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New to stackoverflow :)

I just now started to use a bcrypt function I've found on some site about security. I've never really worried about the output from this until our technician at work said this to me:

The salt seems to always be in the front of every password.

Is this correct or have I made a major boo boo? :)

The code I use is this:

<?php
function bcrypt($password, $salt, $rounds=12) {
    // Check if bcrypt is available on the server
    if (CRYPT_BLOWFISH != 1) {
        throw new Exception("bcrypt stöds inte. Se http://php.net/crypt");
        return;
    }

    // Check that rounds are within the allowed range
    if ($rounds < 4)
        $rounds = 4;
    else if ($rounds > 12) 
        $rounds = 12;

    // Create a prefix to tell the crypt that we want to use bcrypt
    $salt_prefix = sprintf('$2a$%02d$', $rounds);

    // Check if the salt contains invalid characters:
    if (!preg_match('#^[A-Za-z0-9./]{22}$#', $salt)) {

        // The salt is not bcrypt-safe. Redo to 22 characters (A-Za-z0-9. /)
        $new_salt = base64_encode($salt);

        if (strlen($new_salt) < 22)

            $new_salt .= base64_encode(md5($salt));
            $salt = substr($new_salt, 0, 22);
            $salt = str_replace(array('+', '-'), '.', $salt);    
            $salt = str_replace(array('=', '_'), '/', $salt);
    }

    // hash the password with bcrypt
    return crypt($password, $salt_prefix.$salt);
 }

 // Examples :
 echo "Bcrypt: ". bcrypt('abc', 'QyrjMQfjgGIb4ymtdKQXIr', 12);
?>

This will output:

Bcrypt: $2a$12$QyrjMQfjgGIb4ymtdKQXIewDBqhA3eNppF8qOrMhidnEbzNvmHqhy

As you can see the salt is inside the password now "bold text":

Salt = QyrjMQfjgGIb4ymtdKQXIr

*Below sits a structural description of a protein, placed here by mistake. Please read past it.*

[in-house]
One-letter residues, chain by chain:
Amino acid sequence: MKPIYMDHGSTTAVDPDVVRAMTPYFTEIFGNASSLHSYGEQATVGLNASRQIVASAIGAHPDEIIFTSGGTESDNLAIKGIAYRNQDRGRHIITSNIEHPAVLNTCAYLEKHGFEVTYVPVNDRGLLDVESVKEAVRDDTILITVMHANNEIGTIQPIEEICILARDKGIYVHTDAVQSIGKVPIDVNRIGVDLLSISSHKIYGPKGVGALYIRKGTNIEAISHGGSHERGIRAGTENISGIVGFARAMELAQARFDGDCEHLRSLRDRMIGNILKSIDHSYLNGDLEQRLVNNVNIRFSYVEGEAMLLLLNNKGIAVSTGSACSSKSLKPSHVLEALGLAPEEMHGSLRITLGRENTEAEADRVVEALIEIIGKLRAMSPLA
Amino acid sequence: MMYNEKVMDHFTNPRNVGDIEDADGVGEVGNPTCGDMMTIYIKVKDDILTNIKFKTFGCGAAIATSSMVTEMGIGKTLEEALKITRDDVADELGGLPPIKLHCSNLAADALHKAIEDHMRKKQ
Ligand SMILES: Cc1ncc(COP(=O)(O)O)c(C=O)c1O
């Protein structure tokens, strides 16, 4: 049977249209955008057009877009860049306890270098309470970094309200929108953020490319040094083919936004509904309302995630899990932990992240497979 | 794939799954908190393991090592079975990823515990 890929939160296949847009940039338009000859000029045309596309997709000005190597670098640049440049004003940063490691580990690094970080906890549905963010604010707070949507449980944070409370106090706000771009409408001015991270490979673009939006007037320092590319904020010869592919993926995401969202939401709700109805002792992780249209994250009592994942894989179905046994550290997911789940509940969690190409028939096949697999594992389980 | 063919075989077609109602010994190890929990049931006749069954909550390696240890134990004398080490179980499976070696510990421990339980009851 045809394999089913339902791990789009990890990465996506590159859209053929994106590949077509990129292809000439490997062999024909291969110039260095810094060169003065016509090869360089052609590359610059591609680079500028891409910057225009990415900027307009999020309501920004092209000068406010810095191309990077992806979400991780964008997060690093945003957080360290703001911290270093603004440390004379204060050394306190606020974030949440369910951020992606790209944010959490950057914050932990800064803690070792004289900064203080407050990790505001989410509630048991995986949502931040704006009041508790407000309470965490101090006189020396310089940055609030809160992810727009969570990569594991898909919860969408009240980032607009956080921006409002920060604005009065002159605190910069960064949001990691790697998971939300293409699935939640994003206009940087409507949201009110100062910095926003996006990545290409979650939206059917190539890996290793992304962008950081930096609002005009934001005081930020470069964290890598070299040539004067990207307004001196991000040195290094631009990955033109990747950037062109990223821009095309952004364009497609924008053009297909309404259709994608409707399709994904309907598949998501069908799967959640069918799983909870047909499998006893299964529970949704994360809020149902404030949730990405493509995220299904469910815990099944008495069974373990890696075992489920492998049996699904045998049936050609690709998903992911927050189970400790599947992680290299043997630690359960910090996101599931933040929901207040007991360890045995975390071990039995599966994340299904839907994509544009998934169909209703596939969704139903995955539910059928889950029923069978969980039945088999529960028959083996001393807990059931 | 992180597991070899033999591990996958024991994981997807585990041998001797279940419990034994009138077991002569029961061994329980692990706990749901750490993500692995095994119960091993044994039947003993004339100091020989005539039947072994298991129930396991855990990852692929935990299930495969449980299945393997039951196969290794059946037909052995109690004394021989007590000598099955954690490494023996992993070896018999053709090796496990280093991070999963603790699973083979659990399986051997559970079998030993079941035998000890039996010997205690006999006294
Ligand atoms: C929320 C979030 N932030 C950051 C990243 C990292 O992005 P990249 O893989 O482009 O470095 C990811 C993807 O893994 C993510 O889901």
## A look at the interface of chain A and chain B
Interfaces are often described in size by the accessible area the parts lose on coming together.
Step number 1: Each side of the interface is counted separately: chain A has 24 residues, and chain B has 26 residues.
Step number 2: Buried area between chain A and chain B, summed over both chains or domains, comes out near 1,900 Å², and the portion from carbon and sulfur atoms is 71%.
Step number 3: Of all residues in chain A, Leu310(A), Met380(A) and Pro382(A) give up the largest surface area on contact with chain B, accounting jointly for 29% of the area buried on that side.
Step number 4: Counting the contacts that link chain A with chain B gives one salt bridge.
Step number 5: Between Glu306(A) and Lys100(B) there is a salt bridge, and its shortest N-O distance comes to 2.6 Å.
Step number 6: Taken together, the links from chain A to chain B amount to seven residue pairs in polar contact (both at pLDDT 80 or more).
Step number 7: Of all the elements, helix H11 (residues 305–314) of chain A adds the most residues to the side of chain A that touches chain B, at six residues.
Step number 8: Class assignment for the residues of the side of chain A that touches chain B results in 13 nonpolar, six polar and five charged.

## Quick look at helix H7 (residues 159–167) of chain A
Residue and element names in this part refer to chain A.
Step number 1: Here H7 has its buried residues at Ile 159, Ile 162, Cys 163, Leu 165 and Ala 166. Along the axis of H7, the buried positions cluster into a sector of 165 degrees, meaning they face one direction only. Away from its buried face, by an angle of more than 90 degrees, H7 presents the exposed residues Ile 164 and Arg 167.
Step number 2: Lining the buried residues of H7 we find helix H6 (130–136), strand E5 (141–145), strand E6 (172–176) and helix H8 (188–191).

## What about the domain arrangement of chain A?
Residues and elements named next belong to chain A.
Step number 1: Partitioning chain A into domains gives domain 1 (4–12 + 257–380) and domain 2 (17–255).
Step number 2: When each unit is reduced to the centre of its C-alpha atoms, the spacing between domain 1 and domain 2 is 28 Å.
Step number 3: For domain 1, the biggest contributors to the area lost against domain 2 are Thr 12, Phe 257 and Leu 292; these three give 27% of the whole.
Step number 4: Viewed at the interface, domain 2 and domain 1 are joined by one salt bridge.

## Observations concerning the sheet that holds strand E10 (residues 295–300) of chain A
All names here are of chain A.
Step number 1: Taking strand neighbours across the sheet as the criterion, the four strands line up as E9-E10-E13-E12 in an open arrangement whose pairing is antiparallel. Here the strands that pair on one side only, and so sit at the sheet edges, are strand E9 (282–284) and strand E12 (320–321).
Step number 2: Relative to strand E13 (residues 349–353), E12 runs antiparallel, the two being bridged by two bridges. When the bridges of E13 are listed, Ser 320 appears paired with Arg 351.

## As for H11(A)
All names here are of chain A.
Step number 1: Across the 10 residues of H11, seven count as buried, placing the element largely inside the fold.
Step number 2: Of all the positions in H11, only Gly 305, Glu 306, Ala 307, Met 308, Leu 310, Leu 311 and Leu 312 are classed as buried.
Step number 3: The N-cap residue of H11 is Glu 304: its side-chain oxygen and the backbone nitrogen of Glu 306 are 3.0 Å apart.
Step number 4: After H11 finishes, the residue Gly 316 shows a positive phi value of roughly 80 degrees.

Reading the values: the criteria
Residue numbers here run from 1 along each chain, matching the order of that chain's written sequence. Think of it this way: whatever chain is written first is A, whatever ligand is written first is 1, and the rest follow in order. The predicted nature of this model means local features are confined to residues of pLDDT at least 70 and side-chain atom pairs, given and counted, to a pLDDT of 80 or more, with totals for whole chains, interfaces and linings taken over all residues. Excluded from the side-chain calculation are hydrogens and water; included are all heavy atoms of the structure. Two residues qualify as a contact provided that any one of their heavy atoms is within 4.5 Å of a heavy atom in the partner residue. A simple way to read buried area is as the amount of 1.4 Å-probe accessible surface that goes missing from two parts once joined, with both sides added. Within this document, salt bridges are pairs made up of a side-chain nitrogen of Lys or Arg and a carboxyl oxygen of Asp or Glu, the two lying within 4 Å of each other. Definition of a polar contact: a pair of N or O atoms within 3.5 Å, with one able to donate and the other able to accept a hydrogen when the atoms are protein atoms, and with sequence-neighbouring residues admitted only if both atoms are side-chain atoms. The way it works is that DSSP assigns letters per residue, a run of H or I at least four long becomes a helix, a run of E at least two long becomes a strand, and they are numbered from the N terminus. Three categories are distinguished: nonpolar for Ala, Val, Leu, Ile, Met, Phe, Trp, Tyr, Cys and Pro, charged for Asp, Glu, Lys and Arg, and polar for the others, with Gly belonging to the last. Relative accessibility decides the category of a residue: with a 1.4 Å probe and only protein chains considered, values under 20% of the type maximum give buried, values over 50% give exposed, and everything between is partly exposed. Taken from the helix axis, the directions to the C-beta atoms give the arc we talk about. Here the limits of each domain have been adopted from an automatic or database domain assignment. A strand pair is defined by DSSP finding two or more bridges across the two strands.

pass = $2a$12$QyrjMQfjgGIb4ymtdKQXI

ewDBqhA3eNppF8qOrMhidnEbzNvmHqhy

This seem to be the same every time regardless of salt. Salt is always included except the last character?

share|improve this question
    
The answer to your question can be found here. stackoverflow.com/questions/13037271/… – castis Aug 8 '13 at 21:06
1  
Please use this library instead of rolling your own. PHP has strong and simple password hash functions since version 5.5, and this library backports them starting with PHP 5.3.7. Also please note that this library tries to mitigate timing attacks by always comparing the WHOLE string, and not stop upon the first difference. Bottom line: Simply use it. – Sven Aug 8 '13 at 21:09
    
Regarding the salt’s length: Length of salt in CRYPT_BLOWFISH – Gumbo Aug 8 '13 at 21:10
    
thanks for the really fast answers :) Now I know a little more. I will check out the library. But as I understand it the output is correct?. I do have to use random salts of course. – Joakim Aug 8 '13 at 21:25
1  
@halfer : ill remember that, thanks for the info – Joakim Aug 8 '13 at 21:39

You can test an existing bcrypt hash with lots of tools online, like this bcrypt generator

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